Too many questions.  So many doubts.
The tortured mind of an artist with little self confidence.
Again, I am plagued with demons from the past.
How bloody hard it is to get my own mother’s acerbic comments swept out of the shaded recesses of my mind corners once and for all.

***

Once, long ago, I came home with a “less than ideal” school report.
As usual, my maths mark was a fail.
Watching the disappointment on my mother’s face, as her gaze slid from subject title to the result, my heart withered and my stomach twisted.
Even though my Arts and English had an A+ in the column next to them, I knew she was vexed.

Reaching into the top drawer of her bedside table - the one that rattled with bottles, upon bottles, upon bottles of pills for all ailments, real and imagined - she pulled out a small black velvet box.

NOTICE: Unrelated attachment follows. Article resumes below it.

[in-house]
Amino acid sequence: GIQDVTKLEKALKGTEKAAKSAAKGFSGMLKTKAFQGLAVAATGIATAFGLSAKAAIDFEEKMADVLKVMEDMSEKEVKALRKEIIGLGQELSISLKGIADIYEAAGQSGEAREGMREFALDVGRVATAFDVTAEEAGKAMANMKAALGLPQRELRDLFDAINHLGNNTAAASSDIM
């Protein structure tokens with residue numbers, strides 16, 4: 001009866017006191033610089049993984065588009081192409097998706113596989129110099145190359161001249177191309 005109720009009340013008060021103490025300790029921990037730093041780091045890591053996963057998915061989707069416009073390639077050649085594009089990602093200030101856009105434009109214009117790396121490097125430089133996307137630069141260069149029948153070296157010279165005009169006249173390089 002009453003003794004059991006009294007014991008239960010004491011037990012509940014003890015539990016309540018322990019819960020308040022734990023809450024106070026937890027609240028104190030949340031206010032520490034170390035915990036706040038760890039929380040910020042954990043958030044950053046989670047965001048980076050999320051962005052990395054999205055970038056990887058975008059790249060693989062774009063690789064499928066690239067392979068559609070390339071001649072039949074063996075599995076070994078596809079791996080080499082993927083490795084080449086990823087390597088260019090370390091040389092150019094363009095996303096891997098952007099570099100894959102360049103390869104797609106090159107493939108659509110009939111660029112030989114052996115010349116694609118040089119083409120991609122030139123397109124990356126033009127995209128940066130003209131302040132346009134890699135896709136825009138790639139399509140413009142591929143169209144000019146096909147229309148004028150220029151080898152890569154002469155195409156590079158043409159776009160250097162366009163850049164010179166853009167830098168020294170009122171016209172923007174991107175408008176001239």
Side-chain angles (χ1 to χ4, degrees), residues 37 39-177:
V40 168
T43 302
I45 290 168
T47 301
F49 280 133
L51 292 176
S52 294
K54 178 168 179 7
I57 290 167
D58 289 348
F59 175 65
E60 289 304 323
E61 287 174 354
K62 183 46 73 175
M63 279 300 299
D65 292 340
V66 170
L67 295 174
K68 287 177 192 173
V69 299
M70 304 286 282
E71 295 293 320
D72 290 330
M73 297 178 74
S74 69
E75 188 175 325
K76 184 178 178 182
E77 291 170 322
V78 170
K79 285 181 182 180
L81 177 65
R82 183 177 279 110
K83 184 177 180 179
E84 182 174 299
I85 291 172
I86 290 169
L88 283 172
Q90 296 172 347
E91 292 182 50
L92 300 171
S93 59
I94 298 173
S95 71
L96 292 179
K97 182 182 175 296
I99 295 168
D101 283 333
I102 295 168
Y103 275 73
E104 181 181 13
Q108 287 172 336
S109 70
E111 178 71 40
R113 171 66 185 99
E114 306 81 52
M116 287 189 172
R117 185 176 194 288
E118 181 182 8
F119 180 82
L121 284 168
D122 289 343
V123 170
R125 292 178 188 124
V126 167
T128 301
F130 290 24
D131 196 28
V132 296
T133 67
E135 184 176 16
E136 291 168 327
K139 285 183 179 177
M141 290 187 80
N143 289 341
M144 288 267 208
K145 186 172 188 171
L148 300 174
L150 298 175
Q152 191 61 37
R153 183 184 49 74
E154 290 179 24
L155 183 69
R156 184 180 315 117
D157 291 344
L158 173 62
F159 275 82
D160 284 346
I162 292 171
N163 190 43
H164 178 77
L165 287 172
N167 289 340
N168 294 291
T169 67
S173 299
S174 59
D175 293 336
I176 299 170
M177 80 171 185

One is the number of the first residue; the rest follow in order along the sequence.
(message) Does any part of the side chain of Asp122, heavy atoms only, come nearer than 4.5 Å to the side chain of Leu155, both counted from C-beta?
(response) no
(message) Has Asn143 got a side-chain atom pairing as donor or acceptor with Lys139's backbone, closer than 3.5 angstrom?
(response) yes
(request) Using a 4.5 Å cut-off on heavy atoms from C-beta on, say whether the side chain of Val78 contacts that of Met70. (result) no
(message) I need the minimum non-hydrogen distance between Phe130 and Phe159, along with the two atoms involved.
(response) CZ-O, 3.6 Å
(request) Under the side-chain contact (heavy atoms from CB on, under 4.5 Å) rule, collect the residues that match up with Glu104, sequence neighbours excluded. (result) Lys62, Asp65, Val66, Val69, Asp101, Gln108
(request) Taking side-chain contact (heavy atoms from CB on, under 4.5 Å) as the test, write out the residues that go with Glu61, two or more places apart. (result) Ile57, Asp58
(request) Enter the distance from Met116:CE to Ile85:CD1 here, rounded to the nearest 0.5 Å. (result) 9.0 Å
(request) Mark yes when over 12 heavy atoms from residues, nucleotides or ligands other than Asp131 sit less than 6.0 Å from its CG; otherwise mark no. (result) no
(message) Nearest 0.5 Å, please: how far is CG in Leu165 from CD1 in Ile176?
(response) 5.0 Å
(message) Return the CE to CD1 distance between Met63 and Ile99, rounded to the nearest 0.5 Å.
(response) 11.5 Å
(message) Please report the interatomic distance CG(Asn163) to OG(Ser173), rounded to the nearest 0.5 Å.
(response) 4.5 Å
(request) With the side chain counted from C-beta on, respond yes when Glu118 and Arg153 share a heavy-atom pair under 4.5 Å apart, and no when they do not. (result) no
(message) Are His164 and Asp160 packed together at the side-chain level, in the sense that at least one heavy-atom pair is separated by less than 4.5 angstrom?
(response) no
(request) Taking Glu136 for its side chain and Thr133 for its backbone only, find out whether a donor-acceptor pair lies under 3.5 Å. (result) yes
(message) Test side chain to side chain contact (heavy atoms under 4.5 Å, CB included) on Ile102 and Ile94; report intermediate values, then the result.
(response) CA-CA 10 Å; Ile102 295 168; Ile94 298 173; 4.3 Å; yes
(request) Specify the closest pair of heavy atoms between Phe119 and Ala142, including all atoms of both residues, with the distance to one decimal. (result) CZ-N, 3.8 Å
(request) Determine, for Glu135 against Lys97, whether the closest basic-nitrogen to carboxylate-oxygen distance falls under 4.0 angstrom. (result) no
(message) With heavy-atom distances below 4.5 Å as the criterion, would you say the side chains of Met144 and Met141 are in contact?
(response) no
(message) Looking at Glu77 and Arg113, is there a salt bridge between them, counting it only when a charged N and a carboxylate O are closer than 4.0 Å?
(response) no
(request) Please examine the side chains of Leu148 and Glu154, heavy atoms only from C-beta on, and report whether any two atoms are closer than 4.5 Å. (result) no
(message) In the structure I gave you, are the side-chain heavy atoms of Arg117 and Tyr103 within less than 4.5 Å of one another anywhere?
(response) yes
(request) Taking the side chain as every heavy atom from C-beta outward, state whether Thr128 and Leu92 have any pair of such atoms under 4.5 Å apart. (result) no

With venom in her raspy voice, she said, “I was going to give this to you if you came home with high marks in maths”, as she grasped the lid with nicotine stained fingertips and slowly opened it to reveal a pretty sterling silver bangle inside, nestled on a bed of cushioned cream coloured silk.
“But instead, I’m going to give this to your best friend Denise, because she is so much smarter than you and deserves it more”.

I died a little that day.
No matter how hard I try, I can’t forgive her for that. And, try I have. Even after all these years.
Move on. Yes I have, but such a poison filled barb can’t be removed. It’s lodged too deep.

***

And so, “the boys” were the last to be put out.
My hands were trembling. My heart in my mouth.
I wanted to hide, as stall holders watched them be placed high on the old wooden crate.




Then, one by one, they came to the front of my table and commented… no, gushed, in admiration.

“Did you MAKE THESE?”
“Can I touch them?”
“Of course!” I replied. “You can HUG them. They like that.”

A hug. Something so simple. Yet, so POWERFUL.
Something I very rarely ever received as a child. A heart devoid of hugs. So very sad.

As the boys were cooed over, held, appraised and delighted in, I felt something in me relax.